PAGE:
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Building a Brick Oven: Plans Suggestions and Photos


As we mentioned before there are many good books and even CDs on oven building, almost as many as there are different opinions regarding the type of oven to build. Here I will attempt to simplify some of the many different ways to build a base for a kit oven through to building a full brick oven.

Most of the literature is based on building an oven in the USA, where the rules and regulations concerning structural foundations for buildings are very strict due to the extreme temperature differences and phenomena like “frost heave”. In the temperate UK we largely do not suffer these weather variations, so a base built for a domestic wood-fired oven does not have to be on quite the same grand 225 mm hollow blocks filled with concrete.

We use a building system that is simpler, more efficient, and cheaper; it uses materials that are easy to locate from local sources, and it is easier on your back!

Oven Base or Stand

First, we shall deal with the base or stand that is to be built for an oven. The most common design - and in many ways the most sensible - is a simple structure of three solid walls and one wall with an opening in it. The space below the oven can then be used as a handy wood store. Generally, this base is composed of the rear, left and right hand walls being built from solid 100 mm blocks or bricks and the front wall featuring a doorway directly under the oven’s door.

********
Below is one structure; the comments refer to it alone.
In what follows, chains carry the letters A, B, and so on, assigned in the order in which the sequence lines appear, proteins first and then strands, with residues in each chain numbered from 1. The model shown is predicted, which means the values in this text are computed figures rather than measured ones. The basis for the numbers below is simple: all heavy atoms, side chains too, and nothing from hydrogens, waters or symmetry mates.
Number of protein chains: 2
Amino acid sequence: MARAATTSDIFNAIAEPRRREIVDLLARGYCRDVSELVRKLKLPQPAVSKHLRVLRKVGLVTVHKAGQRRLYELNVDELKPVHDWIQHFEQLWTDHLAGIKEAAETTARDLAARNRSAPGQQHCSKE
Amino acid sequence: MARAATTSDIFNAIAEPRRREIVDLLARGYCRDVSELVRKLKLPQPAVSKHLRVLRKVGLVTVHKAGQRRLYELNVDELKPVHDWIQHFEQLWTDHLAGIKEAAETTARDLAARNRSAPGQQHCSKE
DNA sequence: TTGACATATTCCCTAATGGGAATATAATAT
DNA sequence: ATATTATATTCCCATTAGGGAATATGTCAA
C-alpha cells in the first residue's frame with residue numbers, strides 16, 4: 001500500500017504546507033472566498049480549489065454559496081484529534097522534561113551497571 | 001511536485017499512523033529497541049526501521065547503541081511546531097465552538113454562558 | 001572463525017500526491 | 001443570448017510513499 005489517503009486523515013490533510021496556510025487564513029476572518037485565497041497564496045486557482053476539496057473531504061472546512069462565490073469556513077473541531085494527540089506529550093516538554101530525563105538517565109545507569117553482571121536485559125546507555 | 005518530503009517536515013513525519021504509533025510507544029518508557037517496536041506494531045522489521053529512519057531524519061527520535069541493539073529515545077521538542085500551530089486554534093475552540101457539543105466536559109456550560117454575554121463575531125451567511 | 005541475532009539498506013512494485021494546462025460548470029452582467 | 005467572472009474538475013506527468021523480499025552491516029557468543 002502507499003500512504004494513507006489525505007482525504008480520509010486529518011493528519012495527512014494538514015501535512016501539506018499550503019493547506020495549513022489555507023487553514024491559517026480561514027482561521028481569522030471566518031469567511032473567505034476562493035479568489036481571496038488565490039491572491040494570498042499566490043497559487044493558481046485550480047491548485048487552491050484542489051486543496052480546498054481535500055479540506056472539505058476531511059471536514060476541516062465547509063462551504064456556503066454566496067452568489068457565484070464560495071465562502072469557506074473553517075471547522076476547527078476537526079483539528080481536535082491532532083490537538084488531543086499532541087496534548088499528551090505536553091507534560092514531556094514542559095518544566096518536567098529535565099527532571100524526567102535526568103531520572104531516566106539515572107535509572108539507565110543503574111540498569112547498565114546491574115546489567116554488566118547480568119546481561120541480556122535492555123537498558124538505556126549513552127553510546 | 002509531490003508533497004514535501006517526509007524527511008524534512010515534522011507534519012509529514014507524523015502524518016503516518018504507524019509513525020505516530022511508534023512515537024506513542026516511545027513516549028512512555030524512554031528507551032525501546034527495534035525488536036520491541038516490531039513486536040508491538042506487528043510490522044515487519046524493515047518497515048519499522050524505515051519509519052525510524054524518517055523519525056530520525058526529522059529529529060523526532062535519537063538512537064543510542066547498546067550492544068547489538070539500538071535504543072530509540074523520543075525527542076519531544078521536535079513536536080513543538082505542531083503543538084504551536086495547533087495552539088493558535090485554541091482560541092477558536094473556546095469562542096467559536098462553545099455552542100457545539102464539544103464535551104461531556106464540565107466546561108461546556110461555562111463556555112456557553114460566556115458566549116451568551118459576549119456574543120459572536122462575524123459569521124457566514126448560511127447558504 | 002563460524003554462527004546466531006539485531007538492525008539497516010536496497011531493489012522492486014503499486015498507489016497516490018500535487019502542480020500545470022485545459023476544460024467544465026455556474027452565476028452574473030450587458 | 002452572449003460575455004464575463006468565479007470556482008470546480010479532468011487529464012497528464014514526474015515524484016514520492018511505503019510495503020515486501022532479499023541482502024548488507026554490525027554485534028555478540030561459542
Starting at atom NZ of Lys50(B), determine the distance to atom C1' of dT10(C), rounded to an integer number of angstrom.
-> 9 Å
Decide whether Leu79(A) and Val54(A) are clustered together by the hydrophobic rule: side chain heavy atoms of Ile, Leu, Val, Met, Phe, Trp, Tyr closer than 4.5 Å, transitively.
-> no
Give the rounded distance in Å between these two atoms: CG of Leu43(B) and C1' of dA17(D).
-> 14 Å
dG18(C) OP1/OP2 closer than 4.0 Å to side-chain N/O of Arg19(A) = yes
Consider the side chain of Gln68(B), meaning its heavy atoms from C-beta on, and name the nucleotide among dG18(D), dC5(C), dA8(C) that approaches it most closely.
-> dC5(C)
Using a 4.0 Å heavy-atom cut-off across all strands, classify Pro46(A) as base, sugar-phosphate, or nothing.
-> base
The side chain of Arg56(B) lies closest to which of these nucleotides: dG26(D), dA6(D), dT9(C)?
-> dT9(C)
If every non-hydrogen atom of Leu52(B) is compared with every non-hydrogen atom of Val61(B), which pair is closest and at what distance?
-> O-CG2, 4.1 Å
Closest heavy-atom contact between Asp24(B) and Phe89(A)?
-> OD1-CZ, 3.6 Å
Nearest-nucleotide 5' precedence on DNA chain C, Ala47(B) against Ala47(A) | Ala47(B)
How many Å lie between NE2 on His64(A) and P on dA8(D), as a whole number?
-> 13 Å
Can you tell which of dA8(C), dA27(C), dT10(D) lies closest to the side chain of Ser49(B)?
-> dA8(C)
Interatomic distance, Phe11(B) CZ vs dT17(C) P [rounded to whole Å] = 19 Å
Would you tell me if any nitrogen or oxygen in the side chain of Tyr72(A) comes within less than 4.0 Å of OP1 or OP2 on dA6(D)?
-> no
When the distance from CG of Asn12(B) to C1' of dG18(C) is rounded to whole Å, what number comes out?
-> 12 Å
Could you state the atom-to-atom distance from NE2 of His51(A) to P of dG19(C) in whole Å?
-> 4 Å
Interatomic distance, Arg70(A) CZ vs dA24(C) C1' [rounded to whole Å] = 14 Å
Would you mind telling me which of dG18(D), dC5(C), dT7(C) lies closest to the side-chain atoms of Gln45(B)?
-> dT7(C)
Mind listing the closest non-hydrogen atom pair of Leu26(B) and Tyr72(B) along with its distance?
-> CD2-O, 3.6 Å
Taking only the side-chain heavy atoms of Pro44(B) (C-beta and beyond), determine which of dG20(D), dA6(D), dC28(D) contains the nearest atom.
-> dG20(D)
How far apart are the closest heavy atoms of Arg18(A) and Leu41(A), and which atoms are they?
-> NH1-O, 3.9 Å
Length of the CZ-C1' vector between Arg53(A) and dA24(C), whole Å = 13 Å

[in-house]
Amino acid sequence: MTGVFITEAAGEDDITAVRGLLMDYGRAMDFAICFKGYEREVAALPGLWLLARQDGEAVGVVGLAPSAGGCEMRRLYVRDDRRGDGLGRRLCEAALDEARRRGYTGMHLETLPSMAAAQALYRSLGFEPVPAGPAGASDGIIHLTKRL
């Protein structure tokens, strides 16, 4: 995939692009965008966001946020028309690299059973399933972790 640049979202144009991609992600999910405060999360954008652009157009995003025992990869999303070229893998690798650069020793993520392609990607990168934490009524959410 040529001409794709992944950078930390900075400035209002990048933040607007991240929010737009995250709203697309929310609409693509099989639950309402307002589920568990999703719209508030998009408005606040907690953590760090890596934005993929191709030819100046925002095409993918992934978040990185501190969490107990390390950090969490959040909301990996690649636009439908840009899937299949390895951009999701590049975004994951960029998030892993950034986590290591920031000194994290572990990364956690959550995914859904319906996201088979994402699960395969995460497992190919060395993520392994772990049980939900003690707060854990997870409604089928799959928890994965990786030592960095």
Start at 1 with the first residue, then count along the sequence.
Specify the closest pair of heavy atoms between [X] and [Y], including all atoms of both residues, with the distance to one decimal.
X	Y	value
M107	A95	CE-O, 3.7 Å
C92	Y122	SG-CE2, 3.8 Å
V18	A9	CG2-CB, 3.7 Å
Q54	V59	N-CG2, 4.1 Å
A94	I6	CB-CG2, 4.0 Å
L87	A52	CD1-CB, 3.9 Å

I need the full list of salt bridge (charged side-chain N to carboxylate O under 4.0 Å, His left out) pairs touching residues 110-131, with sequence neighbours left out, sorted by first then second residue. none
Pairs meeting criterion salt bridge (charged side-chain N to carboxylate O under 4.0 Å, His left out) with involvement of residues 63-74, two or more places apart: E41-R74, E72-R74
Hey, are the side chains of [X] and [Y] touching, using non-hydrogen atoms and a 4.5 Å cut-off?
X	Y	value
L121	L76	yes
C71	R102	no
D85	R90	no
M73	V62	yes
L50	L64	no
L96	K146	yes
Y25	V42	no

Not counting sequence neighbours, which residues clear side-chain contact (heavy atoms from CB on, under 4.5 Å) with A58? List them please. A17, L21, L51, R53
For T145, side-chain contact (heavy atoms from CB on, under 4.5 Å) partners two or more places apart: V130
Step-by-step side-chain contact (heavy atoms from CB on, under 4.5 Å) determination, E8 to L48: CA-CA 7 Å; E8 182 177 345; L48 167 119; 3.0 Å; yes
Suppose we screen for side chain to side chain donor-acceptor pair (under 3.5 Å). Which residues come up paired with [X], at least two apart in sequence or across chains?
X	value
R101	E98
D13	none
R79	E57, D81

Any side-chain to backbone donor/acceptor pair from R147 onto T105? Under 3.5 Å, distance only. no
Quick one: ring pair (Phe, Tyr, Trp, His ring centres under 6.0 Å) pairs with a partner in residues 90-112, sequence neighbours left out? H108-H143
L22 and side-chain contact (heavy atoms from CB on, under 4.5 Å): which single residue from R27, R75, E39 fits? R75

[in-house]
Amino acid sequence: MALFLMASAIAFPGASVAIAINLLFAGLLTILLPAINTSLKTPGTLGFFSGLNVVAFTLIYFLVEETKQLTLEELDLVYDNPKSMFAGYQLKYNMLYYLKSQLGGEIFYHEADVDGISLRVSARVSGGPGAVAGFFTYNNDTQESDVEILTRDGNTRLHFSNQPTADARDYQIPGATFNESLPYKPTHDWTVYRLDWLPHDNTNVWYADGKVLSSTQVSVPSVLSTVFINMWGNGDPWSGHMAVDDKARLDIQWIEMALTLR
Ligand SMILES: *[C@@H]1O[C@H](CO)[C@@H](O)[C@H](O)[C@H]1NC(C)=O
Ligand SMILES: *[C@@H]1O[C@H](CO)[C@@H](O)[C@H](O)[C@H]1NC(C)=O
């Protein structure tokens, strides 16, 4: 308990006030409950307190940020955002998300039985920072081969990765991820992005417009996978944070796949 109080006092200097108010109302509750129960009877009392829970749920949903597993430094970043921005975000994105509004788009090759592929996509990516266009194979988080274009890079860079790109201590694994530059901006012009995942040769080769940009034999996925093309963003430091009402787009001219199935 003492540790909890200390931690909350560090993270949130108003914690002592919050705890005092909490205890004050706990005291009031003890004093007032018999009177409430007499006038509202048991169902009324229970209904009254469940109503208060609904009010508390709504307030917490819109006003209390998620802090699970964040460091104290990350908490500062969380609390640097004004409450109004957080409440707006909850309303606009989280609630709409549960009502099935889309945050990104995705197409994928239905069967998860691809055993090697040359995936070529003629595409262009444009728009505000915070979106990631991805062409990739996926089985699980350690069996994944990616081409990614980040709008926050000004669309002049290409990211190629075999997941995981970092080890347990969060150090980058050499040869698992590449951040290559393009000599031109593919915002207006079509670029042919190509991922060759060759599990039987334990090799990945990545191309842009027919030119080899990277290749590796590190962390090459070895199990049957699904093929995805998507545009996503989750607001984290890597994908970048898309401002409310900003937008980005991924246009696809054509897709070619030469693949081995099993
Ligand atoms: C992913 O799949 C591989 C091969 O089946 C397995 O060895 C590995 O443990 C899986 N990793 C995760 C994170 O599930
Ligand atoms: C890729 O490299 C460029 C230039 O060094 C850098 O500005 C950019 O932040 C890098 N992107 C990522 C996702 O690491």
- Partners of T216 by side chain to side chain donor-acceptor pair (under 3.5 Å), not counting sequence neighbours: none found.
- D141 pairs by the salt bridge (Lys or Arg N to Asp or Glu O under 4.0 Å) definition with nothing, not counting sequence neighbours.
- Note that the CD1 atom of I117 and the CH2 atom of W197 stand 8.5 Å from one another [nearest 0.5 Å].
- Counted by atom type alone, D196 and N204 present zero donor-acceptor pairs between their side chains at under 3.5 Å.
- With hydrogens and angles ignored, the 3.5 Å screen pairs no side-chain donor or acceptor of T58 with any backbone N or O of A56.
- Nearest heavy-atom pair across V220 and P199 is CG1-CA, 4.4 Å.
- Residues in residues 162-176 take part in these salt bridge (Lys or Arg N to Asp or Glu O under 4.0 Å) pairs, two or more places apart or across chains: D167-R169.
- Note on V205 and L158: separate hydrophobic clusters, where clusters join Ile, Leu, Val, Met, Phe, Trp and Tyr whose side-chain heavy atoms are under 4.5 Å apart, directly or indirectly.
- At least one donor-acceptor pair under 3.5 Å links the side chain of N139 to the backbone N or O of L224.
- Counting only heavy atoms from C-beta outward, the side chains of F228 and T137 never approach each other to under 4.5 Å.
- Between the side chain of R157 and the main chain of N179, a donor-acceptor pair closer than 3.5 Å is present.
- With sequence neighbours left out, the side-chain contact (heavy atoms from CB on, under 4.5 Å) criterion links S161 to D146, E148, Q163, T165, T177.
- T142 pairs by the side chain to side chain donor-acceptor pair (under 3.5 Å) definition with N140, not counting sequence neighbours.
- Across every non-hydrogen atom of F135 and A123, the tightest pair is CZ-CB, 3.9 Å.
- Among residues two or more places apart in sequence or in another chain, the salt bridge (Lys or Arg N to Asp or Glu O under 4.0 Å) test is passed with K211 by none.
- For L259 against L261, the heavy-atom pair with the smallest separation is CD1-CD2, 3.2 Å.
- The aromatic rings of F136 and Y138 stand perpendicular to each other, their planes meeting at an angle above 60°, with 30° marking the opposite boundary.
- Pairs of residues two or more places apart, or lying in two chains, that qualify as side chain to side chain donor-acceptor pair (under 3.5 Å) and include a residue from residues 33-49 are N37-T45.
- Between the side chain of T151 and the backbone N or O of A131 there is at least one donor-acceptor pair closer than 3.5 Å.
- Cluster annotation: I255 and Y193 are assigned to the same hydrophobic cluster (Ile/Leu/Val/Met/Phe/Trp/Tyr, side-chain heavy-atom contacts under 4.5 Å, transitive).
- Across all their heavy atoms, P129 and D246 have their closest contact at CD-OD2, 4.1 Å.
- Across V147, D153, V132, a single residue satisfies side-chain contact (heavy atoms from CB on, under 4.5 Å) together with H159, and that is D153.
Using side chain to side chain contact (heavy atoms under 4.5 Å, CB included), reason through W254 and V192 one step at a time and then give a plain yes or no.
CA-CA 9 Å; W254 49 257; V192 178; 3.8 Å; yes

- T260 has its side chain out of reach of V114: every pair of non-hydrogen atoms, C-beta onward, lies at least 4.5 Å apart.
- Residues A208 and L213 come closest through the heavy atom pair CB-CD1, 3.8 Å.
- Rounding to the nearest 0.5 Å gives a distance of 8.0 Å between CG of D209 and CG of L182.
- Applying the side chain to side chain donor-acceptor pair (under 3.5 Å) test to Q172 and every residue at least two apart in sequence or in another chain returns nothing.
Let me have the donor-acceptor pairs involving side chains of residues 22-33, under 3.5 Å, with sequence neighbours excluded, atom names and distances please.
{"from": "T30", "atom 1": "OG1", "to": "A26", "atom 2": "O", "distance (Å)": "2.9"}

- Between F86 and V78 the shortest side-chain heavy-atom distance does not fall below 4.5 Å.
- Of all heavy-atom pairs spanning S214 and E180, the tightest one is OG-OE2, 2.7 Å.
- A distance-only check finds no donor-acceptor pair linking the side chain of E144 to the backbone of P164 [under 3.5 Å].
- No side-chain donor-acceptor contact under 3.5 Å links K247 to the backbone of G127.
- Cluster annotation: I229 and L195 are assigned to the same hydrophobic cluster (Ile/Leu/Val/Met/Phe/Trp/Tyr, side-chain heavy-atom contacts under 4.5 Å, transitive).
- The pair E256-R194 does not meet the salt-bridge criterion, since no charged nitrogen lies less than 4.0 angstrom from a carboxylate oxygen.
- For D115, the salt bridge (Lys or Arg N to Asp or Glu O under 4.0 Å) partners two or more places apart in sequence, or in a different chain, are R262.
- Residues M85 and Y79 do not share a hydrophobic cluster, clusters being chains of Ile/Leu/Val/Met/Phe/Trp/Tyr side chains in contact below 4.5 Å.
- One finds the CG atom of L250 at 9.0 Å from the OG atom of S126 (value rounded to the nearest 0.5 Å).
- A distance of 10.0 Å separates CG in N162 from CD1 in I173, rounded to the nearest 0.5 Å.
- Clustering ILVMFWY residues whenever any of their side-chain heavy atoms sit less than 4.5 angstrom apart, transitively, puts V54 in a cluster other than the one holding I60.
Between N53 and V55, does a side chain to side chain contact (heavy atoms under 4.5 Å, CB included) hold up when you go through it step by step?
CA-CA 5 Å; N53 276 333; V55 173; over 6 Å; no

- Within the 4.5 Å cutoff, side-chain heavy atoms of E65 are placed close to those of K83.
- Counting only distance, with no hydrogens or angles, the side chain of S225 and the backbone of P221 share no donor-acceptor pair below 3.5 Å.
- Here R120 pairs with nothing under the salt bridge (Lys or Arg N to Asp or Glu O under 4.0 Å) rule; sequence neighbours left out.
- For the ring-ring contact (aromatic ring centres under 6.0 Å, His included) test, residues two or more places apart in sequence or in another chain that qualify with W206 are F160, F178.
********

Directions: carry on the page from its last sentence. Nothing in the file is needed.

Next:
Once the size of oven has been decided, dig out a suitably sized area so that a concrete plinth of around 100m thick can be laid, this plinth will form both the foundation for the oven and also the floor for the wood storage area under the oven.


For this example we will assume the oven stand or base will be built using 100 mm concrete blocks. However, the structure can also be built from brick or stone. Just convert the dimensions for this block stand into bricks or stone accordingly.


Build three courses of blocks (approximately 675 mm high) leaving an opening in the front wall for the wood storage area. Above this opening build in a concrete lintel or form a brick arch. In the top (third) course of blocks cut notches to take two or three 25 x 50 mm steel box section or angle supports. Build these steel supports flush with the top of the block work.


For ease of transport and installation use two or three pieces of 1 mm galvanised steel sheet cut to size to cover the area of the block work


Place one more course of blocks on top of the three lower courses and the galvanised steel sheet (approximately 900 mm height) and fill with insulating vermiculite concrete, finishing the vermiculite concrete approximately 25 mm below the top of the fourth course of block work.


The steel supports and galvanised sheet support the wet vermiculite concrete until it is set and also support the weight of the oven.  If there is the possibility of moving the oven in the future it is recommended to use one of our purpose made galvanised steel oven trays.


Once the vermiculite concrete has set bed the oven’s baking floor on approximately 25 mm of a cement / lime mortar.

Armstrong Brick Ovens galvanised oven tray